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We cannot take our eye off the ball at Lord's, says Wilson


On strike: Gary Wilson insists Ireland won’t just be making up the numbers in their Test duel with England
On strike: Gary Wilson insists Ireland won’t just be making up the numbers in their Test duel with England

By Ian Callender

Three days out from their first Test match against England, the Ireland squad got to sample the unique atmosphere of Lord's yesterday, and are more determined than ever not to be cannon fodder for their experienced hosts.

Although six of the side played at the Home of Cricket in the one-day international against England in 2017, it will be a first match experience at Lord's for most of the others and, of course for all 11, a first Test match.

Even Gary Wilson, Ireland's third most experienced player behind Kevin O'Brien and William Porterfield, did not expect this day to come in his career.

"In my generation I don't think any of us expected to be playing a Test match at Lord's, so to have the opportunity is great," said Wilson.

"But we mustn't lose sight of the fact that we have to come here and perform as well. I mean that's what it is about, it's not just turning up and having all the fanfare around Lord's, we have to try and put in a good performance against a very good England side.

"But we've got some good players as well and we're confident we can do that."

The lack of red-ball action is the obvious concern and last week's attempt at a two-day game against Middlesex 2nd XI was cut short by rain, with just over 100 overs played and only five of the batsmen making it to the middle in an Ireland innings which lasted only 30 overs.

"We had a couple of days at Merchant Taylor's and a few guys had time in the middle, while for the bowlers it was about getting some overs in the legs," added Wilson. "But it's nice to finally get here to Lord's and get to know the conditions and facilities - and for those guys who haven't played here before they'll find the slope fairly interesting."

It won't be rain that will affect the match, however, rather the players are preparing for temperatures well in excess of those they experienced in March in India, in their last Test match against Afghanistan, with the needle set to be well into the 90s degrees Fahrenheit on Wednesday.

"It might have an impact on the wicket in that it might dry it out as the game goes on but, I guess, we'd rather have good weather than poor rainy weather," said Wilson, who also has more experience than most of transferring quickly between white-ball (one-day) cricket and the red ball.

"I've had a lot of time in county cricket going from format to format, and you just learn it is something you have to do. I guess there's enough miles in my legs now to know if you haven't hit a red ball for a while you don't suddenly forget how to hit one. We've got a good opportunity now with three days practice and so it's just about fine tuning."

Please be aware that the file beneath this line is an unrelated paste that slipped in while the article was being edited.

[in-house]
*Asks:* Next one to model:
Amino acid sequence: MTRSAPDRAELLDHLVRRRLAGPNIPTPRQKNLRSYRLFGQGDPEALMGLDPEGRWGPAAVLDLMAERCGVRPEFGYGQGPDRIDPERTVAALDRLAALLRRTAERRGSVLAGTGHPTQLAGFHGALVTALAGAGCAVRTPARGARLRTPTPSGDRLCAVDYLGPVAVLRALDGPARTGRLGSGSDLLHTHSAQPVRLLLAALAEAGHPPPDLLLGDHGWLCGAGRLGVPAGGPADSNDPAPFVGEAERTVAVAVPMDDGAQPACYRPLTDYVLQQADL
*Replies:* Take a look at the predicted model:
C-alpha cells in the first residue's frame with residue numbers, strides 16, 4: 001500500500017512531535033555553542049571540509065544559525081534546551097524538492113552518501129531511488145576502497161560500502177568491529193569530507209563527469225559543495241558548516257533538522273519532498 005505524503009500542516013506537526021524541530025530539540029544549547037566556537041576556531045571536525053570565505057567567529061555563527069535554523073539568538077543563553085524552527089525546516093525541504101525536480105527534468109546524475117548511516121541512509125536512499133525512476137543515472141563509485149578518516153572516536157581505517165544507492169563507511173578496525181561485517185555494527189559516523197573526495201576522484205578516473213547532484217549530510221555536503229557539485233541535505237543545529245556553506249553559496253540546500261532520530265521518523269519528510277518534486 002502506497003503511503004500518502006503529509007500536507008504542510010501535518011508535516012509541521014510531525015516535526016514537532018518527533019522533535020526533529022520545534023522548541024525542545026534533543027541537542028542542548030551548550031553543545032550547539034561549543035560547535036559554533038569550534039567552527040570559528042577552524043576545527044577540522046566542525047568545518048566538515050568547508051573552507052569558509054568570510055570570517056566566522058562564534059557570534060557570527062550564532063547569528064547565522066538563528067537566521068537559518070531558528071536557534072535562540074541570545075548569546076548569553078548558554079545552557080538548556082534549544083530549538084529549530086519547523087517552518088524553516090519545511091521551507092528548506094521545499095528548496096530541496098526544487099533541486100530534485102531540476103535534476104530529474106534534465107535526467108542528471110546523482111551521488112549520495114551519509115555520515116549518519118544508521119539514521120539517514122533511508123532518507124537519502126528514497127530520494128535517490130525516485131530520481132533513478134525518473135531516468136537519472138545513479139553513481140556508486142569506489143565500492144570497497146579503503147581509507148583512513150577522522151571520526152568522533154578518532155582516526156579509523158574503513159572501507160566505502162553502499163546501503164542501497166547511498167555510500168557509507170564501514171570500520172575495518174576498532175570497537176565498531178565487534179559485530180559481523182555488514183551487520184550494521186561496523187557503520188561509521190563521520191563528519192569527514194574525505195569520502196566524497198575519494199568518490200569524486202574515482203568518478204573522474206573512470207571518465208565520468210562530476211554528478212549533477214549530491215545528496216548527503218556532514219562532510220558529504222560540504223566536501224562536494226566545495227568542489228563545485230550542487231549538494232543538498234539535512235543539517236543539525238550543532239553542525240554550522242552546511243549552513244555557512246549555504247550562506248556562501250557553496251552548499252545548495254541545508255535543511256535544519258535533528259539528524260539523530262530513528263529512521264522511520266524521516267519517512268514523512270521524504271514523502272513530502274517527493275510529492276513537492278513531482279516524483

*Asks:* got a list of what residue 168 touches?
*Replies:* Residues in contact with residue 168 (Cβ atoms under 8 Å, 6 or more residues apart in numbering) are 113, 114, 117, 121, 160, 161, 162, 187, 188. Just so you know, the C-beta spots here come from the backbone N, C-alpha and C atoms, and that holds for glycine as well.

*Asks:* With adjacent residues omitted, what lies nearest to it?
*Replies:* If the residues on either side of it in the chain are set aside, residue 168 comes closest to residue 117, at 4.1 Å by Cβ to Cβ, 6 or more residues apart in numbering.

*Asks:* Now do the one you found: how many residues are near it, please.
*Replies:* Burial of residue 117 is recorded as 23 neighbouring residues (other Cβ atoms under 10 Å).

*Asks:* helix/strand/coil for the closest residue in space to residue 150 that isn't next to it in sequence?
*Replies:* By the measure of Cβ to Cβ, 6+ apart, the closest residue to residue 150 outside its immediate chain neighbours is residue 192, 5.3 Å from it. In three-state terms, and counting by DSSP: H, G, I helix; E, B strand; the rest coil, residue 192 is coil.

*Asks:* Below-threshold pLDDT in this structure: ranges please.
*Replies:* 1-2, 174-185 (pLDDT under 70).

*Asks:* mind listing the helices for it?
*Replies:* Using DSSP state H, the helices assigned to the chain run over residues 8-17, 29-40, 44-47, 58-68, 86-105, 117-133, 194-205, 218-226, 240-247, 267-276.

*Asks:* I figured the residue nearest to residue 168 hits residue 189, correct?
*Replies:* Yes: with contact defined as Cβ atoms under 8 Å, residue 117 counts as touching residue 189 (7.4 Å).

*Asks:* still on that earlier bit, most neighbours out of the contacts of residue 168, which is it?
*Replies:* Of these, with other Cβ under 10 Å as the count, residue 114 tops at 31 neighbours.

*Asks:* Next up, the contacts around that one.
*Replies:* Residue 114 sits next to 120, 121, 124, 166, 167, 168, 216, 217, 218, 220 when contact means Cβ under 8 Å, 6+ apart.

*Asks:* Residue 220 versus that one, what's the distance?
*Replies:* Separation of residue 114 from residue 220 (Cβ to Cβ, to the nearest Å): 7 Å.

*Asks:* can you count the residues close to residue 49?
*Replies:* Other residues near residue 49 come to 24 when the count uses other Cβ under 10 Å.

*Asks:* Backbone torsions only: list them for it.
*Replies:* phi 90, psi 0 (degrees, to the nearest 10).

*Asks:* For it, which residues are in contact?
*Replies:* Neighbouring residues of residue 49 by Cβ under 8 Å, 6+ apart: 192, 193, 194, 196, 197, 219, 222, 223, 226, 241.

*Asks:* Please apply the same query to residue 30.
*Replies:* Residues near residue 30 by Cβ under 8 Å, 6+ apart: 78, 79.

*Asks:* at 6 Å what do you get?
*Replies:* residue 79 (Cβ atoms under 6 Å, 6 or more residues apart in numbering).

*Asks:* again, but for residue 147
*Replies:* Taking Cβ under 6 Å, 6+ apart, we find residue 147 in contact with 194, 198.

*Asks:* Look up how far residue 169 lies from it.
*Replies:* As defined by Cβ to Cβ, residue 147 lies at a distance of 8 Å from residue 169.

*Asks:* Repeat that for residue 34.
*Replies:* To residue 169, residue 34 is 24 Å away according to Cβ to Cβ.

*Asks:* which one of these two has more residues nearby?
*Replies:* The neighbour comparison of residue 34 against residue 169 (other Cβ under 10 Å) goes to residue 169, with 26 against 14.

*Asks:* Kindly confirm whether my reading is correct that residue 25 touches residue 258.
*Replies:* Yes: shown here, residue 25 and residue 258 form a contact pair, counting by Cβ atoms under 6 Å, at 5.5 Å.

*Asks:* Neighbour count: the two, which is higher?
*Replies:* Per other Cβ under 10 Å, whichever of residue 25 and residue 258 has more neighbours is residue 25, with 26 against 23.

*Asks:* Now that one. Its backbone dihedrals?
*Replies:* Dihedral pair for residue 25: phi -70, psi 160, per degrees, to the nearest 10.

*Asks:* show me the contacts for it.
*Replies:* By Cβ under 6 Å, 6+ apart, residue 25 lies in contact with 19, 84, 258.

Tim Murtagh on his home turf knows all about the famous Lord's slope and will be a huge benefit to the less experienced members of Ireland's attack while captain Porterfield led by example with the bat in the ODI, scoring 82 on Ireland's last visit.

Meanwhile, CIYMS are through to the semi-finals of the Irish Senior Cup for the first time after beating Leinster by six wickets in Rathmines yesterday.

The home side requested the match be put back a week because George Dockrell and Gareth Delany were involved in Ireland's Twenty20 international against Zimbabwe last Sunday but James Cameron-Dow dismissed Delany in the fourth over, Dockrell was caught behind off Allen Coulter for one and at the end of the 11th over, Leinster were 18-4.

A fifth-wicket stand of 25 hinted at a recovery from 43-4 but Obus Pienaar broke that partnership and the last five wickets fell for 15 runs in four overs, Leinster all out for 61, with the South African finishing with 4-11 from 4.3 overs.

The chase wasn't entirely straightforward with CI's top three, for the second day in a row, being dismissed cheaply. Dockrell then trapped Pienaar leg before for 18 but Jason van der Merwe and Ryan Hunter ensured no panic, wrapping up victory in the 14th over, well before the rain arrived in Dublin.

It appeared much earlier at The Lawn and only 17.3 overs were possible in the other delayed quarter-final between Waringstown and Instonians, with the visitors having reached 52-2.

A minute's silence was held in memory of Waringstown member, player and supporter Paddy Allen, who would have been MC for the game but who died suddenly last Sunday.

The captains have agreed to replay the game at Shaw's Bridge next Sunday and although there are no competition rules for non-weather related postponements, both clubs expect Cricket Ireland to allow them a second attempt to complete the match.


Rathmines: Leinster 61 (23.3 overs, O Pienaar 4-11, J Cameron-Dow 2-10, J Mulder 2-11, A Coulter 2-11) CIYMS 62-4 (13.5 overs, B Azhar 3-43). CIYMS beat Leinster by six wickets.

The Lawn: Instonians 52-2 (17.3 overs, O Metcalfe 29; G Kidd 2-13) v Waringstown. Abandoned.


Stormont: Civil Service North 61-0 (16 overs, M Ellison 39 not out) v Lisburn. Abandoned.

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